Advertisement
Research Article

Bacterial Vaginosis Associated with Increased Risk of Female-to-Male HIV-1 Transmission: A Prospective Cohort Analysis among African Couples

  • Craig R. Cohen mail,

    ccohen@globalhealth.ucsf.edu

    Affiliations: Department of Obstetrics, Gynecology and Reproductive Sciences, University of California San Francisco, San Francisco, United States of America, Women's Health & Empowerment Center of Expertise, University of California Global Health Institute, San Francisco, United States of America

    X
  • Jairam R. Lingappa,

    Affiliations: Department of Global Health, University of Washington, Seattle, Washington, United States of America, Department of Medicine, University of Washington, Seattle, Washington, United States of America, Department of Pediatrics University of Washington, University of Washington, Seattle, Washington, United States of America

    X
  • Jared M. Baeten,

    Affiliations: Department of Global Health, University of Washington, Seattle, Washington, United States of America, Department of Medicine, University of Washington, Seattle, Washington, United States of America, Department of Epidemiology, University of Washington, Seattle, Washington, United States of America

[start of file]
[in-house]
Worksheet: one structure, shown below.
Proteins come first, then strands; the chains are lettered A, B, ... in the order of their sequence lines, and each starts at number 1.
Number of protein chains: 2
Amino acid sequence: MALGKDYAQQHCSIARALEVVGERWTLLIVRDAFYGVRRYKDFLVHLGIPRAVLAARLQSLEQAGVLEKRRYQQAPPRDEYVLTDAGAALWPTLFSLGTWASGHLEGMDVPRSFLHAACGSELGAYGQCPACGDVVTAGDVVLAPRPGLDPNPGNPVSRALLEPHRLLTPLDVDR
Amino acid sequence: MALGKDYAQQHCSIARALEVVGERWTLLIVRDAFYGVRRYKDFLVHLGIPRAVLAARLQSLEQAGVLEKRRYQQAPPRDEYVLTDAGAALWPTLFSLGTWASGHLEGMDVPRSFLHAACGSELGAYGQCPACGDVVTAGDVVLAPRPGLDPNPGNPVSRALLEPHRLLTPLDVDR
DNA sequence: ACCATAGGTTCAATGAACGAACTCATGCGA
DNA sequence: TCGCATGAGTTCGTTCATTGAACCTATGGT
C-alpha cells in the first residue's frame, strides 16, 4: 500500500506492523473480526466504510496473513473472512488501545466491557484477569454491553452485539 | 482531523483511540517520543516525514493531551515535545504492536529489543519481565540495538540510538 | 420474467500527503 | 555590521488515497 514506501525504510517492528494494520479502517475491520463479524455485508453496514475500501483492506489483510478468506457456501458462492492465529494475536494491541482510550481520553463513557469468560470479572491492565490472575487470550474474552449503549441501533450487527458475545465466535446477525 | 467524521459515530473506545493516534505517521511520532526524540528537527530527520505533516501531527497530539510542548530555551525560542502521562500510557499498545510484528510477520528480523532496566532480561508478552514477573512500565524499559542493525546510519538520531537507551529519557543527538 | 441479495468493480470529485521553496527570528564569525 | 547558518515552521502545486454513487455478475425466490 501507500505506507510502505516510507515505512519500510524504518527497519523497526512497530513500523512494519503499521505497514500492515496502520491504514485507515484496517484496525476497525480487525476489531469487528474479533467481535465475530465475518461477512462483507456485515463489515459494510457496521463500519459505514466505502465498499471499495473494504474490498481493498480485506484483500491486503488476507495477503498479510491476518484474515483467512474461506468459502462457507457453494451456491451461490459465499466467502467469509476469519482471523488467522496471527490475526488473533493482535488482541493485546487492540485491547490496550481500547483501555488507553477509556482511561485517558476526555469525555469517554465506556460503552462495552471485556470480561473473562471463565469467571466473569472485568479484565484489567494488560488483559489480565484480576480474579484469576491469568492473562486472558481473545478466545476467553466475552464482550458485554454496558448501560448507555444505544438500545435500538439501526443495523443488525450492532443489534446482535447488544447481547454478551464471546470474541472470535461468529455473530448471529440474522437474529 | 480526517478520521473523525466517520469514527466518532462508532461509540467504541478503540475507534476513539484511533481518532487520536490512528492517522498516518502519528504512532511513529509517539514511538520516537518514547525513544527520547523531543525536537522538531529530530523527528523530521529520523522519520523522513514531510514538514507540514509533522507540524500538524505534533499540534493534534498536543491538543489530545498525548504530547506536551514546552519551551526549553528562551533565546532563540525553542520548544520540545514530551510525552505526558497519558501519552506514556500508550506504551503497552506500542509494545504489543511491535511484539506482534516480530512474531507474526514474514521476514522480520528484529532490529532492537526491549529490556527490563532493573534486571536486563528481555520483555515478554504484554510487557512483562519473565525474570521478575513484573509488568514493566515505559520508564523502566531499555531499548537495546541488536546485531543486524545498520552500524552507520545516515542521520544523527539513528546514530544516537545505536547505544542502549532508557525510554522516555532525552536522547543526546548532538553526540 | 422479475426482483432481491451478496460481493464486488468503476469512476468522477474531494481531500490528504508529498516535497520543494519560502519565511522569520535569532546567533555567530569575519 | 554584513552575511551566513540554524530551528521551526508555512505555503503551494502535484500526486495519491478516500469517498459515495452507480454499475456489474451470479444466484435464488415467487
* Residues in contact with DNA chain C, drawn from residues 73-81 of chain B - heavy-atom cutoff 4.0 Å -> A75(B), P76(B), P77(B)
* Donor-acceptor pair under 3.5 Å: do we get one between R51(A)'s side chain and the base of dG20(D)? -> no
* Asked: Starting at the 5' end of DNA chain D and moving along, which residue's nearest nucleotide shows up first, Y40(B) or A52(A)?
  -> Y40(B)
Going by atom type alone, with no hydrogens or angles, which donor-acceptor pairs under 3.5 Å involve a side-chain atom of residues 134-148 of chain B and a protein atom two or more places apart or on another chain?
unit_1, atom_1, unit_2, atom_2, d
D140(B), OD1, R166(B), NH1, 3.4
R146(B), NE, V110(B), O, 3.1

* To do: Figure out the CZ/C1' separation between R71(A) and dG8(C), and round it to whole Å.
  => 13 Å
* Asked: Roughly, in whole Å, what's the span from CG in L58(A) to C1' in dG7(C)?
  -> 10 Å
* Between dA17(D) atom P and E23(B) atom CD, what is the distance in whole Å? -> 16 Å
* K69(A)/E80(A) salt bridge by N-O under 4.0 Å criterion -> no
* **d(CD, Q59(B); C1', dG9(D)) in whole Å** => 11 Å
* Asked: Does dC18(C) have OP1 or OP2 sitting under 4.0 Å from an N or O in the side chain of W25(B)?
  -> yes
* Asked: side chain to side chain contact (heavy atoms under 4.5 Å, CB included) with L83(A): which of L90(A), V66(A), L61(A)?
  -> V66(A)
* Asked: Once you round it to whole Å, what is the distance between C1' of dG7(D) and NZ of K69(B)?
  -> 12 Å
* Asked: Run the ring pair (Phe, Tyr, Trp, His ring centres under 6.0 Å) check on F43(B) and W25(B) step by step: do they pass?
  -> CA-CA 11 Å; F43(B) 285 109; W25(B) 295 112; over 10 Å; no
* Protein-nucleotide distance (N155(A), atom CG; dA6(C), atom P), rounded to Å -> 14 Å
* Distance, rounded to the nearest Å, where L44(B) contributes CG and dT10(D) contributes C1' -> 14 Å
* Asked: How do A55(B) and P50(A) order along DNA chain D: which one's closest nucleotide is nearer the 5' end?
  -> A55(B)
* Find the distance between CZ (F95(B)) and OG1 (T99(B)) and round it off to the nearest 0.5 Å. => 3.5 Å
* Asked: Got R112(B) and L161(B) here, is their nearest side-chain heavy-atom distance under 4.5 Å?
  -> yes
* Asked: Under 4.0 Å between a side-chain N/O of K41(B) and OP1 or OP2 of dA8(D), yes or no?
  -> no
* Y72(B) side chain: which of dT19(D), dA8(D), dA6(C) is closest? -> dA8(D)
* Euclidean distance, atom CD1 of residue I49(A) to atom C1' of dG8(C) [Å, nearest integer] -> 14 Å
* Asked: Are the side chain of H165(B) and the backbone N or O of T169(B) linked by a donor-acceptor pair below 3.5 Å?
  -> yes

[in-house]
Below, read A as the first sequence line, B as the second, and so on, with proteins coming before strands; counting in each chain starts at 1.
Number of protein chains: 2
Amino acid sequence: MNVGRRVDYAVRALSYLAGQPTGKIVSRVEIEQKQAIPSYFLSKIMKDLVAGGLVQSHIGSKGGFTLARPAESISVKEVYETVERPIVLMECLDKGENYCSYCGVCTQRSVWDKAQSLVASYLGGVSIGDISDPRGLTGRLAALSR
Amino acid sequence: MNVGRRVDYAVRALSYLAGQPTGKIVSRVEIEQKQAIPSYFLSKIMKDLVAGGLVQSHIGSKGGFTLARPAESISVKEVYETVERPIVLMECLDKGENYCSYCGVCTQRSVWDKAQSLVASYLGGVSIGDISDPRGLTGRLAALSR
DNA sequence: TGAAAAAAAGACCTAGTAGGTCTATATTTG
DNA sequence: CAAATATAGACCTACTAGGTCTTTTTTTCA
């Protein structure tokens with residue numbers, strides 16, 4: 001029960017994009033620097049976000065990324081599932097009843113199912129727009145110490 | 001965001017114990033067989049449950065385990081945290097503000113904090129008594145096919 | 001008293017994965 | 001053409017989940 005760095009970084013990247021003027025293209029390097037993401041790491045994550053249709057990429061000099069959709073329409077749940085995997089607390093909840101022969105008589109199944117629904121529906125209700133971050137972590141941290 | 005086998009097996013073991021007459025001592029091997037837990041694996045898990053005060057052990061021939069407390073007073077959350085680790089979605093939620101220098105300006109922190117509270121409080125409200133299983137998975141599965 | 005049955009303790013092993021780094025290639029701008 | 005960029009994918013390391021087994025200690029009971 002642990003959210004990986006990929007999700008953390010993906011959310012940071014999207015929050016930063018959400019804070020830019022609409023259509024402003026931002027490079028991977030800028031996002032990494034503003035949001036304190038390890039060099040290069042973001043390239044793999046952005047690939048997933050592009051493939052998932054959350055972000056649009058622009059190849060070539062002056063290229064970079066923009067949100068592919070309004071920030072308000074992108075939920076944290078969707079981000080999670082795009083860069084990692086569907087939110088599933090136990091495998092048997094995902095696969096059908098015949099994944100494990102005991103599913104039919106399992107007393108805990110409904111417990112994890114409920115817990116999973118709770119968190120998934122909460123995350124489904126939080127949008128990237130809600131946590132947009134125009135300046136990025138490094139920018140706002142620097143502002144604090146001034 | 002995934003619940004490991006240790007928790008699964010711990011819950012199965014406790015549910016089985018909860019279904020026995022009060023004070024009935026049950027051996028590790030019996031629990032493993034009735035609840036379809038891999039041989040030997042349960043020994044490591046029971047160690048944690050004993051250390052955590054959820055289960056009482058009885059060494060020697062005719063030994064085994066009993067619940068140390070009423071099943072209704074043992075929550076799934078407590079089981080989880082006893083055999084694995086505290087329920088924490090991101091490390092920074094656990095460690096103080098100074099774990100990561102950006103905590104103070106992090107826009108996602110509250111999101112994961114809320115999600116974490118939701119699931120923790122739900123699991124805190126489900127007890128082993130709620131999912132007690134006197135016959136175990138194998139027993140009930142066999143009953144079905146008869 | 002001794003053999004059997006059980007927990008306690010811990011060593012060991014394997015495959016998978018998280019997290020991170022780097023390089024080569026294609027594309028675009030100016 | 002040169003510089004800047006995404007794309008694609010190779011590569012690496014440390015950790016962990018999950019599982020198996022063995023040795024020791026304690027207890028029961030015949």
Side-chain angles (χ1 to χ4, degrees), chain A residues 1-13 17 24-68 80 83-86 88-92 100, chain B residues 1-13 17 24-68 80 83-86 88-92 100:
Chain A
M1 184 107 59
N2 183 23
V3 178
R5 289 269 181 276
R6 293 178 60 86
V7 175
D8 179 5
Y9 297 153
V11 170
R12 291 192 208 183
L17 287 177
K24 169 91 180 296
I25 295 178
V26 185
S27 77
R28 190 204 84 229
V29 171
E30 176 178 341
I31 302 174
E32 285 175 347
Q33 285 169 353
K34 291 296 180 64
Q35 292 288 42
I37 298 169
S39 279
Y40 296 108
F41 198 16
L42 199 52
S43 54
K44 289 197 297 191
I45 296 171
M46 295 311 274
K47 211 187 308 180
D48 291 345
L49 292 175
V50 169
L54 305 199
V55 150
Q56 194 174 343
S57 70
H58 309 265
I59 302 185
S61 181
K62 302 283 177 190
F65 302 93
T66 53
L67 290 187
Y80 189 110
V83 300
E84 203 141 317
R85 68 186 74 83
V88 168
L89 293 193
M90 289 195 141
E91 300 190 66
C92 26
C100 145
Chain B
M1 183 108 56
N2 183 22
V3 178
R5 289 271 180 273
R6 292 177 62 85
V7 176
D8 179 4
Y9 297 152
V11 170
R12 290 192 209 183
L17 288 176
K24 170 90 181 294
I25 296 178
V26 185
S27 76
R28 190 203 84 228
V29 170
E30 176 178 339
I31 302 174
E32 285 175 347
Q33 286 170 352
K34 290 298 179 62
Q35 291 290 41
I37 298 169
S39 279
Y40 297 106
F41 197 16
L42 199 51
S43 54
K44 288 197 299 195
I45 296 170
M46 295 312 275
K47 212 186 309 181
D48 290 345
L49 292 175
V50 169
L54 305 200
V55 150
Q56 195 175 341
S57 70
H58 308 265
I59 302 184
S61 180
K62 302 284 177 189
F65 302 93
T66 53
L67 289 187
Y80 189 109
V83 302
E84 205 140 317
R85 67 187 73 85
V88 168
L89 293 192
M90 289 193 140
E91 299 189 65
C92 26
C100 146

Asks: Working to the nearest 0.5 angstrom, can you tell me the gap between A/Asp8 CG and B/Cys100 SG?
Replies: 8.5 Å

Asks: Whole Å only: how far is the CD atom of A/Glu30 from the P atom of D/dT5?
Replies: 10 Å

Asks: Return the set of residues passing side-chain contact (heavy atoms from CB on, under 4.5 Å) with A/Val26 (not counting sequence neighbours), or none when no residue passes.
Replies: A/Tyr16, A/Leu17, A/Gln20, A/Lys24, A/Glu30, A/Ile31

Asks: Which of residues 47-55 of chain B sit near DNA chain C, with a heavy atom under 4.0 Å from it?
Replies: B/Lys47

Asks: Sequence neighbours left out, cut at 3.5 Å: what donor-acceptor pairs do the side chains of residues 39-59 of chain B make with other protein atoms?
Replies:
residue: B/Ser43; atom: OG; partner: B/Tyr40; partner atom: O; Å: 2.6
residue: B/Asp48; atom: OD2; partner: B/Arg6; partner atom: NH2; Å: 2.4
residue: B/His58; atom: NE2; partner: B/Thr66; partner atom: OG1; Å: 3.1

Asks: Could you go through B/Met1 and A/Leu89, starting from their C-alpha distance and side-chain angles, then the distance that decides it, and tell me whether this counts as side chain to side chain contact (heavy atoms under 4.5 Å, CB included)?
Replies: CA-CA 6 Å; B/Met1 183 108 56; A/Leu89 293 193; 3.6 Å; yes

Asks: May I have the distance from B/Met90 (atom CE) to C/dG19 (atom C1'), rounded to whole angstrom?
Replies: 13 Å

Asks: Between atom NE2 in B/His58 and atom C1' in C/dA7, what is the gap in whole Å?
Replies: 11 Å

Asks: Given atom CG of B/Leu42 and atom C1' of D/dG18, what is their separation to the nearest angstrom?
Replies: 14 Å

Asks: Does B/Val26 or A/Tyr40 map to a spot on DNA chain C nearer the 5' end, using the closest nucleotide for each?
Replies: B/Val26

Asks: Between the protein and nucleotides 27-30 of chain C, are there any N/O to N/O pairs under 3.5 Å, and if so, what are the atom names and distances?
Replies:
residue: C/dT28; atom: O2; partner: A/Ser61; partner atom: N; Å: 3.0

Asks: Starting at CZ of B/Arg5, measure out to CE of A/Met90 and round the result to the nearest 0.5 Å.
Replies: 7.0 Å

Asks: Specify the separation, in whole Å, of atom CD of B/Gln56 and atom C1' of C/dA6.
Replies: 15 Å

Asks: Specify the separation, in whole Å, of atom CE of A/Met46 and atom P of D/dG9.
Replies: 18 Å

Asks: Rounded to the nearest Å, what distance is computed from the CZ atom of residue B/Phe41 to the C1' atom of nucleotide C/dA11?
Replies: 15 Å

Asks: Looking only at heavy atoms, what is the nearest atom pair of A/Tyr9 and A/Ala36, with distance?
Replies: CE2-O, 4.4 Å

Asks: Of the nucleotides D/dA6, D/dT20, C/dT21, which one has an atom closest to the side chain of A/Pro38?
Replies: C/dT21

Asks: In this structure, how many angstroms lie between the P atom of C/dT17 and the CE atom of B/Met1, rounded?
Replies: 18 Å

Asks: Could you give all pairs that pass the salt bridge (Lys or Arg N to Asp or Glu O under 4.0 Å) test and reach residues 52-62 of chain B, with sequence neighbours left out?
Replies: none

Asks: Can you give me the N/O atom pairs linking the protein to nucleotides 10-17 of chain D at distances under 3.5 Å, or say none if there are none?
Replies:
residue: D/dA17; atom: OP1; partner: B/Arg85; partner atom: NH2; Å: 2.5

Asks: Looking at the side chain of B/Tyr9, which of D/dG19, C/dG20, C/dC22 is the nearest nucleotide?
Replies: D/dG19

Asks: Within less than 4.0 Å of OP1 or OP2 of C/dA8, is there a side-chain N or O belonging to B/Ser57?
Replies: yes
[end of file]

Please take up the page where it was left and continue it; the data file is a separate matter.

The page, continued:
X
  • Musa O. Ngayo,

    Affiliation: Center for Microbiology Research, Kenya Medical Research Institute, Nairobi, Kenya

    X
  • Carol A. Spiegel,

    Affiliation: Department of Pathology and Laboratory Medicine, University of Wisconsin, Madison, United States of America

    X
  • Ting Hong,

    Affiliation: Department of Global Health, University of Washington, Seattle, Washington, United States of America

    X
  • Deborah Donnell,

    Affiliation: Vaccine and Infectious Disease Division, Fred Hutchinson Cancer Research Center, Seattle, Washington, United States of America

    X
  • Connie Celum,

    Affiliations: Department of Global Health, University of Washington, Seattle, Washington, United States of America, Department of Medicine, University of Washington, Seattle, Washington, United States of America, Department of Epidemiology, University of Washington, Seattle, Washington, United States of America

    X
  • Saidi Kapiga,

    Affiliation: Department of Epidemiology & Population Health, London School of Hygiene and Tropical Medicine, London, United Kingdom

    X
  • Sinead Delany,

    Affiliation: Wits Reproductive Health & HIV Institute, University of Witwatersrand, Johannesburg, South Africa

    X
  • Elizabeth A. Bukusi

    Affiliations: Department of Obstetrics, Gynecology and Reproductive Sciences, University of California San Francisco, San Francisco, United States of America, Department of Global Health, University of Washington, Seattle, Washington, United States of America, Department of Pediatrics University of Washington, University of Washington, Seattle, Washington, United States of America, Center for Microbiology Research, Kenya Medical Research Institute, Nairobi, Kenya

    X
  • Published: June 26, 2012
  • DOI: 10.1371/journal.pmed.1001251

Reader Comments (1)